Christmas lights will be twinkling on High Streets across the country imminently; that thought takes me back to a time in my youth when Christmas loomed with a certain amount of dread.
My parents separated when I was 16. My brother was just two years old at that time. Our first Christmas as a separated family was a difficult prospect. It had always been a big deal in our family, and a time when we came together as one. For the first time I would spend Christmas without one of my parents and I knew that as my brother grew older, he would have to spend this holiday between two homes.
The first Christmas was the hardest. I distinctly remember my mother crying as she filled my brother’s stocking on Christmas Eve. I lacked the maturity and life experience to know how to properly comfort her, and it distressed me to see her so upset. Of course we put on a brave face for my brother and were up early with him the next day to watch him eagerly open his gifts; after lunch he was taken off to celebrate a second Christmas day with my father.
It is this insight into the separated family that encouraged me to pursue a career in family law and to assist families in addressing these sorts of issues. Navigating this holiday is the hardest for all separated families.
Both parents want to see their excited children go to bed on Christmas Eve, and the delight on their faces the next day as they open their presents. This can lead to very difficult conversations, with both parents insisting that the children spend Christmas Eve and Day with them; the result might be conflict and disagreement at a time of year that should be about joy and celebration. As a parent myself I can only imagine how hard I would find it to be away from my young children on Christmas Day.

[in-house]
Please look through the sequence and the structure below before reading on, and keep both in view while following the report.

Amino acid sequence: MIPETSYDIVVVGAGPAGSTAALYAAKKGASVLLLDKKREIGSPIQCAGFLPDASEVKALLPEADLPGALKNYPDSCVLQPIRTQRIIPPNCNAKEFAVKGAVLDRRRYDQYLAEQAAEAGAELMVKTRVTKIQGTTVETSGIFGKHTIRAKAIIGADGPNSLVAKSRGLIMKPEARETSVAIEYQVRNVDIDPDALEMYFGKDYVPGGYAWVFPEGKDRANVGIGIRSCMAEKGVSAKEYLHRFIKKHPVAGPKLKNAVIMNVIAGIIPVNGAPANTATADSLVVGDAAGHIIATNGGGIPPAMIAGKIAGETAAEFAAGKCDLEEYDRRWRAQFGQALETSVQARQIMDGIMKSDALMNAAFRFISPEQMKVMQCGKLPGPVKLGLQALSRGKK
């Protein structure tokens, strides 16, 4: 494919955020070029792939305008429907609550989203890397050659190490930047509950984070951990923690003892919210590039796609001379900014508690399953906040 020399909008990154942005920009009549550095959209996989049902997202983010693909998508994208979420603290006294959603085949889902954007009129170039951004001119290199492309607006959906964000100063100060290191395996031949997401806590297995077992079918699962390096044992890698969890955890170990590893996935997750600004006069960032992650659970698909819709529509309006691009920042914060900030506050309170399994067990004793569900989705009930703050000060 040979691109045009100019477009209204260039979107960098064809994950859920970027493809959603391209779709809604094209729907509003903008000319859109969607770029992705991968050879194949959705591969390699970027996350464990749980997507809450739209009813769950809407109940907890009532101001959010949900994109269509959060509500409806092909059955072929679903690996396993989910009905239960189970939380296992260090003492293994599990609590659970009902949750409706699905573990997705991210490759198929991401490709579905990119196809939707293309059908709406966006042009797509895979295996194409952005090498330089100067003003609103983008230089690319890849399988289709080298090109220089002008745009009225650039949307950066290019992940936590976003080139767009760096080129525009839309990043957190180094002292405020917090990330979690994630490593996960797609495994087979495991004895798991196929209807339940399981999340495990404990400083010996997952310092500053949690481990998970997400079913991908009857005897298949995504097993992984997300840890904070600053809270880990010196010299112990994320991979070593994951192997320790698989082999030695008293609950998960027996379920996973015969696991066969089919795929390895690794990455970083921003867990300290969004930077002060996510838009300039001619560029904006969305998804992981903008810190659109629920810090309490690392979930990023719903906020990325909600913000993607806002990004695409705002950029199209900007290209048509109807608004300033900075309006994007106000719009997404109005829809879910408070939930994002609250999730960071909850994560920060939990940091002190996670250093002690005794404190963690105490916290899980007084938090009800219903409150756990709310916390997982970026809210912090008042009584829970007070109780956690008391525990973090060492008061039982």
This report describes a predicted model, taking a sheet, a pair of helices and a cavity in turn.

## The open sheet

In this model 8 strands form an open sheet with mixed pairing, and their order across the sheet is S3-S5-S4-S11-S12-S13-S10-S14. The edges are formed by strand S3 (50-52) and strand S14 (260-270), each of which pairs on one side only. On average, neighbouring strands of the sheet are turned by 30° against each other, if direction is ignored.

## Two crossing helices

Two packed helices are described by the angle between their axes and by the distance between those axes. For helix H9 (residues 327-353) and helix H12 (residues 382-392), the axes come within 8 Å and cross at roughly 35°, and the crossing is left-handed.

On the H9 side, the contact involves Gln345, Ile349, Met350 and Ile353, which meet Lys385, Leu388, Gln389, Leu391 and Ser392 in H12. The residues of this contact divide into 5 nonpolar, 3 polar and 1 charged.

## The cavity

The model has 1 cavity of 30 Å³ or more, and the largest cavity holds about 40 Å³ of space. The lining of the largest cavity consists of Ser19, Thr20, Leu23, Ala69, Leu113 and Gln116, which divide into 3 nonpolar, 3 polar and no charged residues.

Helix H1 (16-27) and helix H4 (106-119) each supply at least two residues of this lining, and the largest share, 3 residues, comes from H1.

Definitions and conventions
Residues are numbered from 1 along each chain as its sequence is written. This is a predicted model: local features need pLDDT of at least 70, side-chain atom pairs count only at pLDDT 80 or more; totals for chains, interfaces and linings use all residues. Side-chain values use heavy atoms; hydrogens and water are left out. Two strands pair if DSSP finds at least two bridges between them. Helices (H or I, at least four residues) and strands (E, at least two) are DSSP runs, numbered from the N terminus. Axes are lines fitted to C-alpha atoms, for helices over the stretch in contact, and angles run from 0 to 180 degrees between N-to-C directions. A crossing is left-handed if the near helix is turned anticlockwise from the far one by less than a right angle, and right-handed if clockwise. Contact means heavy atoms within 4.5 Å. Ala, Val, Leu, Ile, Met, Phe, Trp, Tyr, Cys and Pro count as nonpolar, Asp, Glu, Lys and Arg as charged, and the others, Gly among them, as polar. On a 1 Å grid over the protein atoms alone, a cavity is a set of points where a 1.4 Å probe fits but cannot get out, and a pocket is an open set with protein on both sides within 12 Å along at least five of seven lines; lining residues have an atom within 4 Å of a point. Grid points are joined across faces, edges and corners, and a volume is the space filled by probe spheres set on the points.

As an experienced family lawyer and mediator, I have learned over the years how to work with parents to ensure that constructive and open conversations can be had about how children will spend Christmas well ahead of the holiday. An open dialogue with sensitive and creative legal advice, will minimise conflict and lead to agreement. This will be in your children’s best interests - they will not have to feel guilty about being with one parent and not the other, and free to enjoy the Christmas celebrations.
So if you are finding it difficult to negotiate this holiday, then get in touch. We can help resolve this issue so that the whole family can look forward to the Christmas break.
Samantha Jago is a family law partner and mediator. If these issues affect you call her on 01483 467437, email her on Samantha.Jago@dmhstallard.com.